The lede from Pew’s latest report about American news consumption habits:
As many newspapers struggle to stay economically viable, fewer than half of Americans (43%) say that losing their local newspaper would hurt civic life in their community “a lot.” Even fewer (33%) say they would personally miss reading the local newspaper a lot if it were no longer available.
As far as young people go, in particular…
Not unexpectedly, far fewer young people than older Americans say they would miss their local newspaper a lot if it were to close. Less than a quarter of those younger than age 40 (23%) say they would miss the local newspaper they read most often a lot if it were to go out of business or shut down. That compares with 33% of those ages 40 to 64 and 55% of those age 65 and older.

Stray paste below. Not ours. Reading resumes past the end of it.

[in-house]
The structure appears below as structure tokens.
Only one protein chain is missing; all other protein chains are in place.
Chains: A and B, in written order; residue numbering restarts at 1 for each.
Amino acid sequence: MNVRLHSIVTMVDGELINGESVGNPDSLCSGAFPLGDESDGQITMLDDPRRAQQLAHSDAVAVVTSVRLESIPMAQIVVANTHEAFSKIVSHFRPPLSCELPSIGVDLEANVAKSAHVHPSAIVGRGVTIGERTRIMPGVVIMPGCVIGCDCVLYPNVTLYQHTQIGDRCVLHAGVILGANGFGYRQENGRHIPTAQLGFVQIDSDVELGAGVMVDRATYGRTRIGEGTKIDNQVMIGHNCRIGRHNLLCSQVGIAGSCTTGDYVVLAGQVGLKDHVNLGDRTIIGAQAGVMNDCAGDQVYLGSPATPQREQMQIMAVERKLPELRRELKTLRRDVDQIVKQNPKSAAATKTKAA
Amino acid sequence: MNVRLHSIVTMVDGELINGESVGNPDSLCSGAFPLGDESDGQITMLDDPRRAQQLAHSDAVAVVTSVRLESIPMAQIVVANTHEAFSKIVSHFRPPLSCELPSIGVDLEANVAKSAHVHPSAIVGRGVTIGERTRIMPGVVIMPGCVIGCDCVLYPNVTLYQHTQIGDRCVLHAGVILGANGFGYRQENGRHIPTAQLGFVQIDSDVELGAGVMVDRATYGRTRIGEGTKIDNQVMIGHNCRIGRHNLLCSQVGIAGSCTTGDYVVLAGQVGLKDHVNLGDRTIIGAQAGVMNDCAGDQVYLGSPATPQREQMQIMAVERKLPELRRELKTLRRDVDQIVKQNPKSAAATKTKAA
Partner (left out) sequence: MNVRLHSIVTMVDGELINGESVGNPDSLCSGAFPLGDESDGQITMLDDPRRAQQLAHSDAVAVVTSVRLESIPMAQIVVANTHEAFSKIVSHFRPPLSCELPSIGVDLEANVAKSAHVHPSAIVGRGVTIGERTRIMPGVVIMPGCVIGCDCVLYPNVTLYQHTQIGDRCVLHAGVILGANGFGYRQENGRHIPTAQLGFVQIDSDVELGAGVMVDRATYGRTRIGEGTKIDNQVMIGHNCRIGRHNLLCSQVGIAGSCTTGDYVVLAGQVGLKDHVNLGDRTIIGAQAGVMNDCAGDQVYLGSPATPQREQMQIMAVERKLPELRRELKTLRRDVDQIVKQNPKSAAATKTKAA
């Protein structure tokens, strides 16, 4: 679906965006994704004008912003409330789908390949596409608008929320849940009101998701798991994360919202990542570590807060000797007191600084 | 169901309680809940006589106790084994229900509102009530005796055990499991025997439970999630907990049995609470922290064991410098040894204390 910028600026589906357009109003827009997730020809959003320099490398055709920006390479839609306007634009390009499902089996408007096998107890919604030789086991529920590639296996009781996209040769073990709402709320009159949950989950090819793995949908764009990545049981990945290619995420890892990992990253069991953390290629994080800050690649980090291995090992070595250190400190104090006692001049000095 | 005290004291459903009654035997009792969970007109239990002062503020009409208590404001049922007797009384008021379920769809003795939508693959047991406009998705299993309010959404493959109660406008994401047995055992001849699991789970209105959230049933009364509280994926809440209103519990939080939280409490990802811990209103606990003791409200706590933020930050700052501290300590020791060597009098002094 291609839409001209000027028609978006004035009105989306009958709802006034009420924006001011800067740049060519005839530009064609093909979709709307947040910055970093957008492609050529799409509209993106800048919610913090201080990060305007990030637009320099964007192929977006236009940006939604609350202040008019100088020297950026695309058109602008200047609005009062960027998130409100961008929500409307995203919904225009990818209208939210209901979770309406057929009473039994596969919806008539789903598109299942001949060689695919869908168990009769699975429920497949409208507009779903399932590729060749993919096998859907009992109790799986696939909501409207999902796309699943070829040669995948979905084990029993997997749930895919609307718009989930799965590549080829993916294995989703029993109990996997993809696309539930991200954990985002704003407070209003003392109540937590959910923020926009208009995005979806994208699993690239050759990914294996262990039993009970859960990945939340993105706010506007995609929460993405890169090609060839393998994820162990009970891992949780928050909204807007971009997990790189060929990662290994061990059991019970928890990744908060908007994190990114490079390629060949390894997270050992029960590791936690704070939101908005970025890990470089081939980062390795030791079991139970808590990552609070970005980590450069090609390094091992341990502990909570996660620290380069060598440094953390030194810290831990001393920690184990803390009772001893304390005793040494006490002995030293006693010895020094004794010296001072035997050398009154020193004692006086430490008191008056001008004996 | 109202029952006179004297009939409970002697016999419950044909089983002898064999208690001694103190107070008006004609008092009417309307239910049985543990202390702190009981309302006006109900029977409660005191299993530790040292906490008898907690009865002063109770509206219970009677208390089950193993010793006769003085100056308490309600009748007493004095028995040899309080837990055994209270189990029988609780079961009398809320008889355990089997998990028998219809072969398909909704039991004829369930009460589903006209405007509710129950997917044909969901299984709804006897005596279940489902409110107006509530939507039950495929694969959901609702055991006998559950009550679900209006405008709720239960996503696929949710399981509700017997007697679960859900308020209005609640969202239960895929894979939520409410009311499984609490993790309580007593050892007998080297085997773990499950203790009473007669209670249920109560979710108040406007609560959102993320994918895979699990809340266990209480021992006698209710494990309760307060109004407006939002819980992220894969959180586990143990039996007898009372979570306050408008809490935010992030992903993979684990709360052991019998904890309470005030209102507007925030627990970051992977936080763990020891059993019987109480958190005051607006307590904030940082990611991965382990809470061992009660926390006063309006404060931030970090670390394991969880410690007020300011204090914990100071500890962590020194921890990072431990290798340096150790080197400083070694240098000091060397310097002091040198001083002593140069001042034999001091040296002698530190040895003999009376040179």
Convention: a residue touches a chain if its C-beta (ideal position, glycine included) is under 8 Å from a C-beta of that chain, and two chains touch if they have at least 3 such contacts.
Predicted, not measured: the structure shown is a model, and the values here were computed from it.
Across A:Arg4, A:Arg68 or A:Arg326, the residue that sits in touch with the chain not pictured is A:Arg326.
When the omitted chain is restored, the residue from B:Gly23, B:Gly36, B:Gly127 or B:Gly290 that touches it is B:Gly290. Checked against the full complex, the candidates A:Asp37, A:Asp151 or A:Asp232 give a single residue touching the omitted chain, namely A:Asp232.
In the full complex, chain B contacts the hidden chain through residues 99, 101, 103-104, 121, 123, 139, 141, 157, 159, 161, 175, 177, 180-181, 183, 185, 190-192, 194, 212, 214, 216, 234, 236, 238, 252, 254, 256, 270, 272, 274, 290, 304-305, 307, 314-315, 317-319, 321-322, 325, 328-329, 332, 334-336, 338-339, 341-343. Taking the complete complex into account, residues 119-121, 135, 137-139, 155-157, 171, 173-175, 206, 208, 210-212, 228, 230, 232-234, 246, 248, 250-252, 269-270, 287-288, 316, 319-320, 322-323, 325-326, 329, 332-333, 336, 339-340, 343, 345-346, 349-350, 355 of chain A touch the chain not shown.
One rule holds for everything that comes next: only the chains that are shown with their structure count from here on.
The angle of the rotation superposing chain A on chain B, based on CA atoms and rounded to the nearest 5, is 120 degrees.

However, many more of those younger than 40 (41%) say the shutdown of their local newspaper would hurt the civic life in their community a lot. About the same proportion of those ages 40 to 64 (42%) express that view, as do 51% of those 65 and older.
Democrats and independents are more likely to say their communities would be hurt by the loss of the local newspaper than are Republicans. About half of Democrats (49%) and 47% of independents say civic life would be hurt “a lot” if the newspaper shut down, compared with 33% of Republicans.
Megan Garber is an assistant editor at the Nieman Journalism Lab at Harvard University. She was formerly a CJR staff writer.